SEIS-eligible companies are typically startups or very early-stage businesses, which are often riskier than more established companies. There is a significant risk that the company could fail, resulting in a total loss of your investment.
SEIS shares are typically not traded on a public exchange, meaning they can be difficult to sell. You may need to hold onto your investment for an extended period, potentially without receiving any dividends.
The rules around SEIS investments can be complex, particularly when it comes to claiming tax reliefs. Mistakes can result in unexpected tax liabilities.
Given the above, SEIS investments can be a good fit for investors who are comfortable with high-risk investments, understand the specific opportunities and risks of the businesses they are investing in, and have a tax liability against which they can offset the tax reliefs.
Certain individuals are restricted from investing in the Seed Enterprise Investment Scheme (SEIS) due to specific rules set out by the UK government. These are intended to ensure that the tax reliefs are not exploited, and that they genuinely encourage investment in early-stage companies. Here are some categories of individuals who cannot invest:
Individuals are considered connected to the company and are not eligible for SEIS relief if they are a partner, director (this does not include non-executive directors), or employee of the company in which they're investing, or a partner, director, or employee of a partner of that company.
Individuals who own more than 30% of the shares, voting rights, rights to assets in a winding up, or control over the company are considered to have a substantial interest and are not eligible for SEIS relief.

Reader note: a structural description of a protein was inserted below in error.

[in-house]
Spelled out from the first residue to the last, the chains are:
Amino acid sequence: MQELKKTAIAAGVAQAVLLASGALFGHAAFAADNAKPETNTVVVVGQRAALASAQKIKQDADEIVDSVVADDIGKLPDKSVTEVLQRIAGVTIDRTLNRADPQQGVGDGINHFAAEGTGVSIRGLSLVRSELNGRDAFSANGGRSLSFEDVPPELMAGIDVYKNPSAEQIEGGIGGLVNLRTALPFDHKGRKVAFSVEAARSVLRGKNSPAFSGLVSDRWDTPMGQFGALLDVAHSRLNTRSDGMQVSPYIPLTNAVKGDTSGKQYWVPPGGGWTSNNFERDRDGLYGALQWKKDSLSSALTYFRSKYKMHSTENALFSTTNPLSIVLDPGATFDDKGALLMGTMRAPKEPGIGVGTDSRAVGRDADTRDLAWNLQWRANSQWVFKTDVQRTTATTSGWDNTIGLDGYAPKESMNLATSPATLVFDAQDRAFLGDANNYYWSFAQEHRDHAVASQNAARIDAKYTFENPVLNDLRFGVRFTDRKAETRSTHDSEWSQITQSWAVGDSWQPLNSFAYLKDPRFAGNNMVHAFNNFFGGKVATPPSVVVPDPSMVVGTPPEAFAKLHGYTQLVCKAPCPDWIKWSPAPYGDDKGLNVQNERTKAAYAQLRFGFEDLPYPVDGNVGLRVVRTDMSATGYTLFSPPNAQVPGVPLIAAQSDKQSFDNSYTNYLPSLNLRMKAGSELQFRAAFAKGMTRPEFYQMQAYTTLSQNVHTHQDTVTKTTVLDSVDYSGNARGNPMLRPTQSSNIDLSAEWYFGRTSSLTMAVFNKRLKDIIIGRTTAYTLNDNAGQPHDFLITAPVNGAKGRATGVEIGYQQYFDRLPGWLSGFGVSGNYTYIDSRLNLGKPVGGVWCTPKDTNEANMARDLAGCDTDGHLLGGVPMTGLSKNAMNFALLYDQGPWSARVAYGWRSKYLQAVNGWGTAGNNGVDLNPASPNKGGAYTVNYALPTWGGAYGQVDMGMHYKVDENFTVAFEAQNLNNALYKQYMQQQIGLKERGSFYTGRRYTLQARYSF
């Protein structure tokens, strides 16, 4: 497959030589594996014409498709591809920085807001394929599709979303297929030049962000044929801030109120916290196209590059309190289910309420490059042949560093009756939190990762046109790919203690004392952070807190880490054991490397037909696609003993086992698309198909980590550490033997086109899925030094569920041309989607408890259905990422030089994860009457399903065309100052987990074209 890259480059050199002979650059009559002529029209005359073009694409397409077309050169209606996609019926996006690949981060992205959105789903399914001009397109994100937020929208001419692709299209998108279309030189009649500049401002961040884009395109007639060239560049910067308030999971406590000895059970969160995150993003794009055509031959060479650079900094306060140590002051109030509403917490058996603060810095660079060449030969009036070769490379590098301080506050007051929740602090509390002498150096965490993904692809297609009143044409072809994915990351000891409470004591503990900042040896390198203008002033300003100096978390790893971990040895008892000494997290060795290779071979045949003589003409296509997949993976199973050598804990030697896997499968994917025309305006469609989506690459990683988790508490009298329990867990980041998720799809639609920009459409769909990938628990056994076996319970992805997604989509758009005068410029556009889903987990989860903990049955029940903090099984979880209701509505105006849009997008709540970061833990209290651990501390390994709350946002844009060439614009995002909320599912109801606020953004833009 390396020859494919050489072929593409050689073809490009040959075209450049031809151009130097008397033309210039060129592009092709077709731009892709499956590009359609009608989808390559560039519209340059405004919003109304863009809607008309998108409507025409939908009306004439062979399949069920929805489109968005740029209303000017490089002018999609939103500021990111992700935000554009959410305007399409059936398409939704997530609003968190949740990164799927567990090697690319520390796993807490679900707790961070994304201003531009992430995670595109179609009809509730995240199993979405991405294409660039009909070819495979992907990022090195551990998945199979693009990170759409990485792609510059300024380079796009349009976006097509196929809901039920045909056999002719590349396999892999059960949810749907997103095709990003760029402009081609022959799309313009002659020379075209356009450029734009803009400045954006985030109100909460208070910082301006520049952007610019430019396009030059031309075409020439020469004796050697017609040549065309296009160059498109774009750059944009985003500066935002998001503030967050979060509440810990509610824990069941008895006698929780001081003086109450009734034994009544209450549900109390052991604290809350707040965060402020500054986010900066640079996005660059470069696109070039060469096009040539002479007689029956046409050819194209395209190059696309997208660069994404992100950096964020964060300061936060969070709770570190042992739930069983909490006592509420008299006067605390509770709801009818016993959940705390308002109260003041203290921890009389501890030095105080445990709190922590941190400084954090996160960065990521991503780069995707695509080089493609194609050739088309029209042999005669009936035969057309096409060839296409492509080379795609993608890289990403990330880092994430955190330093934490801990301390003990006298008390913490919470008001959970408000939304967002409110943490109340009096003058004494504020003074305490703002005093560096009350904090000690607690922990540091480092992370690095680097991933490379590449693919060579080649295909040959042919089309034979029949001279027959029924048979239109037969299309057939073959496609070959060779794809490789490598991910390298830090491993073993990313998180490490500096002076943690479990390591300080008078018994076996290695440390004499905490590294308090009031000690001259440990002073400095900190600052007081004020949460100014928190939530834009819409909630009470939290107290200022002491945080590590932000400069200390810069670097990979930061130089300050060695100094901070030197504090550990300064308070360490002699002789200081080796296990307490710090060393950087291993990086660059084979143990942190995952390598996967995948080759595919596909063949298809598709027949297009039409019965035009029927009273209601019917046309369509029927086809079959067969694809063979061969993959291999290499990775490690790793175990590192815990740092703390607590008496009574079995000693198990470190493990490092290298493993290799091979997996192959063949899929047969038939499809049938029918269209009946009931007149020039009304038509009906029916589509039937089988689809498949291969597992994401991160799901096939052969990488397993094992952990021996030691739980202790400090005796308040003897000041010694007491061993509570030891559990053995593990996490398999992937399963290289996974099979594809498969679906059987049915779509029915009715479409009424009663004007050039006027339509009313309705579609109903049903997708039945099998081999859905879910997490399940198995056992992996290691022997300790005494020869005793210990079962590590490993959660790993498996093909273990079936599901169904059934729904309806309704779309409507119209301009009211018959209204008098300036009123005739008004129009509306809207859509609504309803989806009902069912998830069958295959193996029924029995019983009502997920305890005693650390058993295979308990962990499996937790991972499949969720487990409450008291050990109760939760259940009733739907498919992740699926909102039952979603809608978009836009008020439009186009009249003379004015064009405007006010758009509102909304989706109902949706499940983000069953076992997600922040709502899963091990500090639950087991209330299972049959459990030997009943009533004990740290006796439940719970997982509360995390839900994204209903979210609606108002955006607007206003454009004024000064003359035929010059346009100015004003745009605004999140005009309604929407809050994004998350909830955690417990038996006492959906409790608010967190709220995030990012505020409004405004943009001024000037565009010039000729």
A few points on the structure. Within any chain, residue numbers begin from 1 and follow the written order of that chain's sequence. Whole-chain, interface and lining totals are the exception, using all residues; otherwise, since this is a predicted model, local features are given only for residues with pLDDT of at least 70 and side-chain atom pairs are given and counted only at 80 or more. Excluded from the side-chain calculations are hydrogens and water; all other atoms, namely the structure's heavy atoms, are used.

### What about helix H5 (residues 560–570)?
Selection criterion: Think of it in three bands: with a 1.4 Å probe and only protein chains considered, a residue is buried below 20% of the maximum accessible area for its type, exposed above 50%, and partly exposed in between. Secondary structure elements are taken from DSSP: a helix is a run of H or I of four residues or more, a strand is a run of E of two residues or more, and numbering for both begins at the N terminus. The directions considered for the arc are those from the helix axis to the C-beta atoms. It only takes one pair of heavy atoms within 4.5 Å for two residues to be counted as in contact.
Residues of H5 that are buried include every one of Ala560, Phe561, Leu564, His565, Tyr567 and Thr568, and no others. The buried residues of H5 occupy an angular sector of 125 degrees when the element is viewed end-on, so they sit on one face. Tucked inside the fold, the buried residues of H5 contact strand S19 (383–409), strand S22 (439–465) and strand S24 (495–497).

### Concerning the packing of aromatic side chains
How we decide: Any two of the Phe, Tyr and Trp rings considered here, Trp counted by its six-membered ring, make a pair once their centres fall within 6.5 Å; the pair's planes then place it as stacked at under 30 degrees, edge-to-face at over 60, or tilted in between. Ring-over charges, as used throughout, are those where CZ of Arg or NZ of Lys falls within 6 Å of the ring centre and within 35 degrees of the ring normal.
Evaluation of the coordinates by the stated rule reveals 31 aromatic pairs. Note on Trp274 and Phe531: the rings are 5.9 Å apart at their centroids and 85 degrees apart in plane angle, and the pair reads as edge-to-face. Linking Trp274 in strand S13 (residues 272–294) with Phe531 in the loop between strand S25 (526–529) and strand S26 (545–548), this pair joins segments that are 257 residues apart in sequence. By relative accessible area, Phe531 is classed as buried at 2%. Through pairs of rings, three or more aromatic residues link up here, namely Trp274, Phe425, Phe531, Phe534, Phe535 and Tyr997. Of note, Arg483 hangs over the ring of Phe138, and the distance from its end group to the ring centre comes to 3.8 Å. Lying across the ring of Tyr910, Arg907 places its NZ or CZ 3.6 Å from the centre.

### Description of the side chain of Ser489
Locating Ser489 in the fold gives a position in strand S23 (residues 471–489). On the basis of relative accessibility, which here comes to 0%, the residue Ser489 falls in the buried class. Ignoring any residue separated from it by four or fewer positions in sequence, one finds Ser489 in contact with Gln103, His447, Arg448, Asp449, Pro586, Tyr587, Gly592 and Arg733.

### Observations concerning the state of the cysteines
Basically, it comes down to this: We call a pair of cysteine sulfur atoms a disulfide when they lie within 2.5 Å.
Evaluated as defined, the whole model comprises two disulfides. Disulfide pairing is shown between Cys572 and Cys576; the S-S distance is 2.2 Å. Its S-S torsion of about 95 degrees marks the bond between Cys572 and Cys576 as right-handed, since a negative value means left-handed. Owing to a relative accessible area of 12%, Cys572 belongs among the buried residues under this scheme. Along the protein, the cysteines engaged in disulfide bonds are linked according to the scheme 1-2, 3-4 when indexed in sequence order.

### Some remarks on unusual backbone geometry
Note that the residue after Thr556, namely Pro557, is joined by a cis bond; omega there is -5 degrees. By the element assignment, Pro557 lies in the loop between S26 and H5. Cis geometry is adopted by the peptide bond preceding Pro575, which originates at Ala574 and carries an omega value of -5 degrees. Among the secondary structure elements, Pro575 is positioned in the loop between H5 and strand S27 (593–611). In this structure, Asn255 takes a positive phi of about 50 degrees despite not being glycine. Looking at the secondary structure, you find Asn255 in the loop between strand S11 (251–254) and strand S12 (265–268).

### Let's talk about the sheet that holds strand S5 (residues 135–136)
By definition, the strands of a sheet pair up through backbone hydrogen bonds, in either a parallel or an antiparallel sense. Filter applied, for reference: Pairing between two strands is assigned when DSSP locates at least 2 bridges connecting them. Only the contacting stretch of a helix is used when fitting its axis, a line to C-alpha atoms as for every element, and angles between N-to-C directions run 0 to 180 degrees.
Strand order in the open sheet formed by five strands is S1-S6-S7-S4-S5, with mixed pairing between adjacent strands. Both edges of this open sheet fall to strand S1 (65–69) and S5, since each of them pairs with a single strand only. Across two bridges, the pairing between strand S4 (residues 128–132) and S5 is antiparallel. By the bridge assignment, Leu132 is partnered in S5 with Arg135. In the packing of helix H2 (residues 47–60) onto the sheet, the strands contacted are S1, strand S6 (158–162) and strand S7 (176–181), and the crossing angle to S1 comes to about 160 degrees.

The restrictions on connected persons and substantial interest also apply to associates of the investor. Associates include business partners, trustees of any settlement in which the investor or their spouse or civil partner is a settler, and relatives (spouse or civil partner, parents or grandparents, children or grandchildren; but not siblings).
The "3-year rule" for the Seed Enterprise Investment Scheme (SEIS) is generally related to company eligibility.
For the company:
To be eligible for SEIS, a company must not have been trading for more than 3 years at the time of the investment. This rule is designed to ensure that the SEIS benefits are targeting very early-stage, or 'seed', companies.
For the investor:
This is a type of tax relief that is available after holding SEIS shares for a minimum of three years. After this period, the shares generally become exempt from Inheritance Tax, which can be significant given that the standard rate is 40%. This means that if the investor dies, their estate would not have to pay Inheritance Tax on the value of these shares.
If you're a partner, director (except a non-executive director), or an employee of the company, you would be considered a "connected person," and you wouldn't be eligible for SEIS benefits if you invest in your own company.
Similarly, you can't hold more than 30% of the shares, voting rights, or rights to assets of the company in a winding up. If you exceed this limit, you would be considered to have a "substantial interest" in the company and you wouldn't be eligible for SEIS benefits.